iOS 12: Blocking GrayKey

January 22, 2019

On September 17, Apple publicly released their iOS 12 update for the iPhone, iPad, and iPod touch. The updates most notable features include: improved device performance; Facetime with up to 32 people at once; and augmented reality capabilities. As usual, Apple also updated the iPhones security. However, iOS 12’s product page gives little detail on specifics along with the following policy statement, “Apple believes privacy is a fundamental human right, which is why iOS has always been designed with built-in encryption, on-device intelligence, and other tools that let you share what you want on your terms.”

On October 24, just six weeks after the release of iOS 12, Apple’s security improvements became apparent as several news outlets reported that GrayKey no longer functioned on updated iOS 12 iPhones. In early 2018, Grayshift, an Atlanta based company created GrayKey, a program that uses exploits in the iPhone’s software in order to circumvent the iPhone’s passcode.

GrayKey is sold exclusively to law enforcement agencies and is available in two configurations priced at $15,000 and $30,000. The main differences between the two configurations is that the $15,000 model requires a constant internet connection and has a limit on the number of iPhones it unlocks. While, the $30,000 configuration has neither restriction. In comparison historic cost in hacking the iPhone passcode, GrayKey is a complete bargain for law enforcement agencies.

In 2016, law enforcement created the market for bypassing the iPhone’s security following the mass shooting in the 2015 San Bernardino, California terrorist attack. The FBI attempted to force Apple to create a tool for law enforcement to bypass the iPhone’s passcode. Tim Cook, Apple’s CEO, refused to comply with the request due to concerns of the potential misuse of such a tool on the public. Cook stated, “To invent what they want me to invent… puts millions of people at risk.” The FBI ultimately sued Apple to force the company’s compliance, but later dropped the lawsuit after finding a third-party that was capable of hacking the iPhone’s passcode. In the end, the FBI paid $1.3 million dollars to access the San Bernardino terrorist’s iPhone.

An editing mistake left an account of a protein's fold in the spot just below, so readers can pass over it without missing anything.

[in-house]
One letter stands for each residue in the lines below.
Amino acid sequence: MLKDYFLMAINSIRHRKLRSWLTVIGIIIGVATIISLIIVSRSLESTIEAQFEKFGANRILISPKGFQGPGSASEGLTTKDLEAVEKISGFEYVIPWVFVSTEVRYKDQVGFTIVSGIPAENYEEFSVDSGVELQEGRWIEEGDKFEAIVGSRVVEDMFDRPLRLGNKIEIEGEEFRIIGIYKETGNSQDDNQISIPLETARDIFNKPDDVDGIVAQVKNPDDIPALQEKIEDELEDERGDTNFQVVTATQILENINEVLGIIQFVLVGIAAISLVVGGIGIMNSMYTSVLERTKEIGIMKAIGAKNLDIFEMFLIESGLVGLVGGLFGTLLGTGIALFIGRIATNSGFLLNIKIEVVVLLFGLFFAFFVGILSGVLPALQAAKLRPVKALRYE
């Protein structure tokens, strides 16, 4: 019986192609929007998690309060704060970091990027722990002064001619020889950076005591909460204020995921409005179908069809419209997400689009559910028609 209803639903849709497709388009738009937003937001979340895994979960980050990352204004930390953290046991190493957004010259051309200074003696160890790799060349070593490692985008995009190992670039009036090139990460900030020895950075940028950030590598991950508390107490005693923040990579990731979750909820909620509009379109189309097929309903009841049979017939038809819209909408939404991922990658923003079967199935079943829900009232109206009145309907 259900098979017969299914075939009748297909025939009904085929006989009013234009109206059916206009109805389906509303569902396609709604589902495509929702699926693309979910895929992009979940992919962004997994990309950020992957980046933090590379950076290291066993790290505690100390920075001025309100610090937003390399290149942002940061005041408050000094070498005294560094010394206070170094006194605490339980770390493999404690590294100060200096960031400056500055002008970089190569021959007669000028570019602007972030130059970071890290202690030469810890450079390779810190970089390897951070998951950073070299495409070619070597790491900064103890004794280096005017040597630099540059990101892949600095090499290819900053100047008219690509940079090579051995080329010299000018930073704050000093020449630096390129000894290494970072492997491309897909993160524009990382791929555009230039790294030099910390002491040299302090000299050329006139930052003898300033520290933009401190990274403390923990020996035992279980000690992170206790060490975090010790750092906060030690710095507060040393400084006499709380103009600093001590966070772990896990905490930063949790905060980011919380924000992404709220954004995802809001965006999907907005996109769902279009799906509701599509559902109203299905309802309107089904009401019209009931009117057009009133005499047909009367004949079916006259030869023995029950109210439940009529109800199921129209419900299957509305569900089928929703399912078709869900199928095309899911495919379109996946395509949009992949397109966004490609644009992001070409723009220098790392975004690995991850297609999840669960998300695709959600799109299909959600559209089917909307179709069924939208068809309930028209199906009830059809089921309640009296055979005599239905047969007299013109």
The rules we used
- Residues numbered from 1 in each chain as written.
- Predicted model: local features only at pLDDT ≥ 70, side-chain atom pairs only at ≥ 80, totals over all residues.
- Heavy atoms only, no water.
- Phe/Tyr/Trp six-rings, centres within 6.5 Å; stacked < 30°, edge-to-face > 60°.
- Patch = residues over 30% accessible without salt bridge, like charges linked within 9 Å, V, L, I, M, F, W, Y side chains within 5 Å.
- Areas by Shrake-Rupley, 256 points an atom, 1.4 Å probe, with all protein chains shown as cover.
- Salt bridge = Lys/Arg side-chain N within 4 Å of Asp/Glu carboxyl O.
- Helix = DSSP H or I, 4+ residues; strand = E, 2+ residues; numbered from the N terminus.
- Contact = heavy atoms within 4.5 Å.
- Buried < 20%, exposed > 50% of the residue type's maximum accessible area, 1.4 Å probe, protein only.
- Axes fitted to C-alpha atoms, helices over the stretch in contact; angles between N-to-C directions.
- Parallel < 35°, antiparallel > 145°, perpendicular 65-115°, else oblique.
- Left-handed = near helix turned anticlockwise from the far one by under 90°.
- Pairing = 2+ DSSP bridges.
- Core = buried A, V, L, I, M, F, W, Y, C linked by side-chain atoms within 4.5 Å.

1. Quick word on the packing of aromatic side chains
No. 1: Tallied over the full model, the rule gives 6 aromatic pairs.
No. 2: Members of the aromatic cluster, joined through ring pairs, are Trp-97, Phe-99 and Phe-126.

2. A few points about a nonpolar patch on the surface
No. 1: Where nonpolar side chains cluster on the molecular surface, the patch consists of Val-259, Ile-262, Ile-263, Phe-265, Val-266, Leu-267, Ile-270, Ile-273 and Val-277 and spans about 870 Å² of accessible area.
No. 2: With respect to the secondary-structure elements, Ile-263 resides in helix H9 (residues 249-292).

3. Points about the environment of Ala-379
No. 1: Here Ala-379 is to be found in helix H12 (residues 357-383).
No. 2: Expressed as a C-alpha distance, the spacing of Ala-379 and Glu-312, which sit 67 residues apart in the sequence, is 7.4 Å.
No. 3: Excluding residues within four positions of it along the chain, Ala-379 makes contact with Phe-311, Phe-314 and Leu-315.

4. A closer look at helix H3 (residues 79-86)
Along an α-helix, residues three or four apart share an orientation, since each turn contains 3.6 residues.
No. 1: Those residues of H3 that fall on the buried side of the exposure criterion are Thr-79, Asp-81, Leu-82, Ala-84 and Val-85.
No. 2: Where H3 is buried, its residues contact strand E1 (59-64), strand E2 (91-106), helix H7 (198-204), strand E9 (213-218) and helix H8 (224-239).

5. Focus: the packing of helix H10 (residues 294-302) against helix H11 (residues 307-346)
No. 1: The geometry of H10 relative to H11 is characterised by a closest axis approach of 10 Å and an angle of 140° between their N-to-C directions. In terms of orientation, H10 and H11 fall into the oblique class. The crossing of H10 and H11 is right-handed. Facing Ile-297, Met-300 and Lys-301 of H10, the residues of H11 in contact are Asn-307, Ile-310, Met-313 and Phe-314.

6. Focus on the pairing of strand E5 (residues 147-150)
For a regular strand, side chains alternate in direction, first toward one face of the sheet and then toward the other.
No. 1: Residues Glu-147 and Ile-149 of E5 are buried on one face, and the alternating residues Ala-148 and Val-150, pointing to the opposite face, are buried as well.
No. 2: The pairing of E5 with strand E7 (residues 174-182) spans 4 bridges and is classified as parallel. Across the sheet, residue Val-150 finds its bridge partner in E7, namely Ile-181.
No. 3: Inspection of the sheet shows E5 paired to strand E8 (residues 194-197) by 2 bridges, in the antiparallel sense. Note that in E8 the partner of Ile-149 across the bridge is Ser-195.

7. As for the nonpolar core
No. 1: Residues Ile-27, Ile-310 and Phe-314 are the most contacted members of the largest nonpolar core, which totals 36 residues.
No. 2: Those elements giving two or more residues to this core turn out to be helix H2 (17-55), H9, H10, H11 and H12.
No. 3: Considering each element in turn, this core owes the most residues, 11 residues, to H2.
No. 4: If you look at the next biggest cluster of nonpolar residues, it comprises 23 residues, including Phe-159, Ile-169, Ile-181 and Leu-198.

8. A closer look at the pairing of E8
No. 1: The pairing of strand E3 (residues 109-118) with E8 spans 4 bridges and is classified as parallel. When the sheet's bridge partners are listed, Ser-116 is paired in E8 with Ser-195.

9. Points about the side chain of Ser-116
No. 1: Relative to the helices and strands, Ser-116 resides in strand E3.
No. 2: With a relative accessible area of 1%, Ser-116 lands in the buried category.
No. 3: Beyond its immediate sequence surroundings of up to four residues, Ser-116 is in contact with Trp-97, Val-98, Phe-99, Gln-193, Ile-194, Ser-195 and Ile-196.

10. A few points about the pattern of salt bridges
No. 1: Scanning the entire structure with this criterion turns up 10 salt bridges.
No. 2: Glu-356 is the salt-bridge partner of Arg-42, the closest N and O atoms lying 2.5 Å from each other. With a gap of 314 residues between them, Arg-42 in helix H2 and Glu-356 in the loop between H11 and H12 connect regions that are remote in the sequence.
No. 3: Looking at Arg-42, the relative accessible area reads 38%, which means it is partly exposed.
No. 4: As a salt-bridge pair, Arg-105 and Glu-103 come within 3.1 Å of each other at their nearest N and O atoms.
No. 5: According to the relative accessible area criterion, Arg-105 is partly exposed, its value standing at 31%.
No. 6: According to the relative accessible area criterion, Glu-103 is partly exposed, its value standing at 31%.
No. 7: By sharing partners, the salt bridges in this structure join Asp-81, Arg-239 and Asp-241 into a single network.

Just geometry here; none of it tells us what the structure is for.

Currently, GrayKey is popular product across various law enforcement agencies across the country. An investigation into GrayShift revealed that among the company’s list of clients include the State Department, Drug Enforcement Agency, Immigration and Customs Enforcement, U.S. Secret Service, several regional and state police forces, and police forces in the UK.

With so many government agencies invested in GrayKey, iOS 12 likely represent only a temporary halt in accessing locked iPhones. Although passcode cracks are relatively recent in the iPhone’s history, general hacks to the platform date back to the iPhone’s first generation and still continue today. Add the massive economic incentive and government support, it is only a matter of time before GrayShift or some other third-party succeeds in defeating iOS 12’s passcode security. Despite the benefit hacking tools provides law enforcement, their existence alone undermines the privacy and security of not just the American public. Today, cellphones are arguably an individual’s most intimate possessions, given that it contains so much personal information, through access to ones: messages, locations visited, online browsing history, pictures, and social network and finance accounts. With tens of millions of iPhone owners around the world, many depend on the iPhone’s security to keep this information protected.

Christopher Yarnell, 12 November 2018